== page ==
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David Samuel Levinson Discusses Tell Me How This Ends Well

By on Monday, April 10th, 2017 at 9:04 am

David Samuel Levinson discusses TELL ME HOW THIS ENDS WELL with Daniel Torday

Tell Me How This Ends Well is particularly prescient; the novel is a darkly humorous Dystopian story set in 2022 when America is overrun with anti-semitism. David Samuel Levinson was at McNally Jackson Books to discuss the novel with Daniel Torday, author of The Last Flight of Poxl West.

Torday observes that given the time it takes to write and launch a book, Levinson must have been a prophet to have so accurately predicted the current American crisis.

“I’m definitely to blame,” Levinson jokes. But he says he chose to write the novel because he had never really experienced anti-semitism himself, even growing up in Texas. His reasons for writing about the issue are all too common: “I was curious about anti-semitism.”

Levinson describes himself as prio-zionist. In recent years as Israel has increasingly expanded their territorial holdings and taken more violent military actions, Levinson found a divide between himself and some of his friends who were less willing to support Israel’s actions. He says he lost one friend of fifteen years after some comments on Facebook.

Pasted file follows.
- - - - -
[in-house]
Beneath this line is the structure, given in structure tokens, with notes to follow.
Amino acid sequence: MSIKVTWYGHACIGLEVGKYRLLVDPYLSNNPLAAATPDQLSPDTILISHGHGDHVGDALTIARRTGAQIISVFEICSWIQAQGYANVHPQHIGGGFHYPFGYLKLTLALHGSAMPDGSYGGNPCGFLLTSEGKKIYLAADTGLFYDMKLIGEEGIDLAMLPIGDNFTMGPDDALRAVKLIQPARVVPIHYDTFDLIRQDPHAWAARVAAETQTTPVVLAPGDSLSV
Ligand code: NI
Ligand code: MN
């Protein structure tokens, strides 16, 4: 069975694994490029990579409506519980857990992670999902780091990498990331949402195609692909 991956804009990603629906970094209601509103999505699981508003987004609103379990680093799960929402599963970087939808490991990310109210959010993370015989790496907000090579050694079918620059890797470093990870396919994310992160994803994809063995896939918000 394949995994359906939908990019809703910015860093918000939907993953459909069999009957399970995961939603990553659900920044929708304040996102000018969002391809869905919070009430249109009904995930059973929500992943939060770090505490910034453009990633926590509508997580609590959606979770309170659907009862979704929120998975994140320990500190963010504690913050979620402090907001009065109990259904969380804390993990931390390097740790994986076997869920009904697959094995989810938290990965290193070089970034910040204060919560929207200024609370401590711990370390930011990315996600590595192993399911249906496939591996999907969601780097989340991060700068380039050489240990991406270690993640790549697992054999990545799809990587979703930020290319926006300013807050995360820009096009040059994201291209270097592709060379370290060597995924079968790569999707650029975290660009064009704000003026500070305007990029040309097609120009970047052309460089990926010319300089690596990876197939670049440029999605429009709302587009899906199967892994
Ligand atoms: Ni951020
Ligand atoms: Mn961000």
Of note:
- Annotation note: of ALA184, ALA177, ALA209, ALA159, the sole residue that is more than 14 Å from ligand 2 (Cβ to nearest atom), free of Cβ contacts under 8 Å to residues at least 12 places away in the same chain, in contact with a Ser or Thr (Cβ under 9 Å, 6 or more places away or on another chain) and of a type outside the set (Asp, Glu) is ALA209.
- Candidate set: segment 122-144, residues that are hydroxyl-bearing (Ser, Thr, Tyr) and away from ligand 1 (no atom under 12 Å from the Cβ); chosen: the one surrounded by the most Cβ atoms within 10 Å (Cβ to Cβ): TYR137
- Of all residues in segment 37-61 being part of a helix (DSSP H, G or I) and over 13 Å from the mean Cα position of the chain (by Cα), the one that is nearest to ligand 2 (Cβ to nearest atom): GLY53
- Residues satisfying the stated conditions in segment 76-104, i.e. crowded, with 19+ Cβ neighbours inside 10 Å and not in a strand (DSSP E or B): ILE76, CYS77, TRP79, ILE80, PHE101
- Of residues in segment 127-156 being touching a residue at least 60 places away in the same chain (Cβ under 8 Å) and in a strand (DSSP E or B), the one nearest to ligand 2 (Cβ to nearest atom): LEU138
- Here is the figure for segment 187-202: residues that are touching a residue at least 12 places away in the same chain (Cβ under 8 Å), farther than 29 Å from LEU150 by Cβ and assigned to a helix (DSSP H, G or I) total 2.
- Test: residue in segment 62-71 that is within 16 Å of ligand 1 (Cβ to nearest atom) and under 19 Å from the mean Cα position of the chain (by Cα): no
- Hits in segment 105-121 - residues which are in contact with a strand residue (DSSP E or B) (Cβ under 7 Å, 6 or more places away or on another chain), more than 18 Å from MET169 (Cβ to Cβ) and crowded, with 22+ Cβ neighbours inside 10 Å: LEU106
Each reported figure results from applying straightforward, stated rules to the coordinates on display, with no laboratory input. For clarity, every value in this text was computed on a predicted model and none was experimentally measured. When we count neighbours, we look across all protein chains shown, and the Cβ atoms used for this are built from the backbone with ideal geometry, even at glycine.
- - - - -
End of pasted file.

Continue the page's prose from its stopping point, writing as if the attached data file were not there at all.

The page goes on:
When he started writing the novel, he didn’t see it as an exercise targeting American audiences. “I was really writing this book for Europe,” he says explaining that he never thought the shit would be here. He wanted to engage in the dark times of Europe to speak to a new generation of Europeans. These are meant as cautionary tales. As it turns out, also these stories are also useful for a generation of Americans.

The book wasn’t intended to be written about the current climate. “Let’s hope I’m wrong.”

“I mainly set out to write a book to make people laugh,” he says. He includes himself in this group; he writes what he finds funny.

Ultimately Levinson describes the novel as a redemptive book.

Tell Me How This Ends Well is different from other things Levinson has written as it is a voice driven book rather than driven by plot. He says he gave his characters his neurosis.

The whole novel flowed out of him like one big rush of creative energy and he very much felt in the zone while writing the novel, and the whole thing was drafted in three months. Sometimes he worked twelve hours a day and writing it disrupted some of his usual routines. He thinks he was in a period of depression–his mother was dying while he wrote the book.

David Samuel Levinson and Daniel Torday
McNally Jackson Books
Tuesday, April 4, 2017



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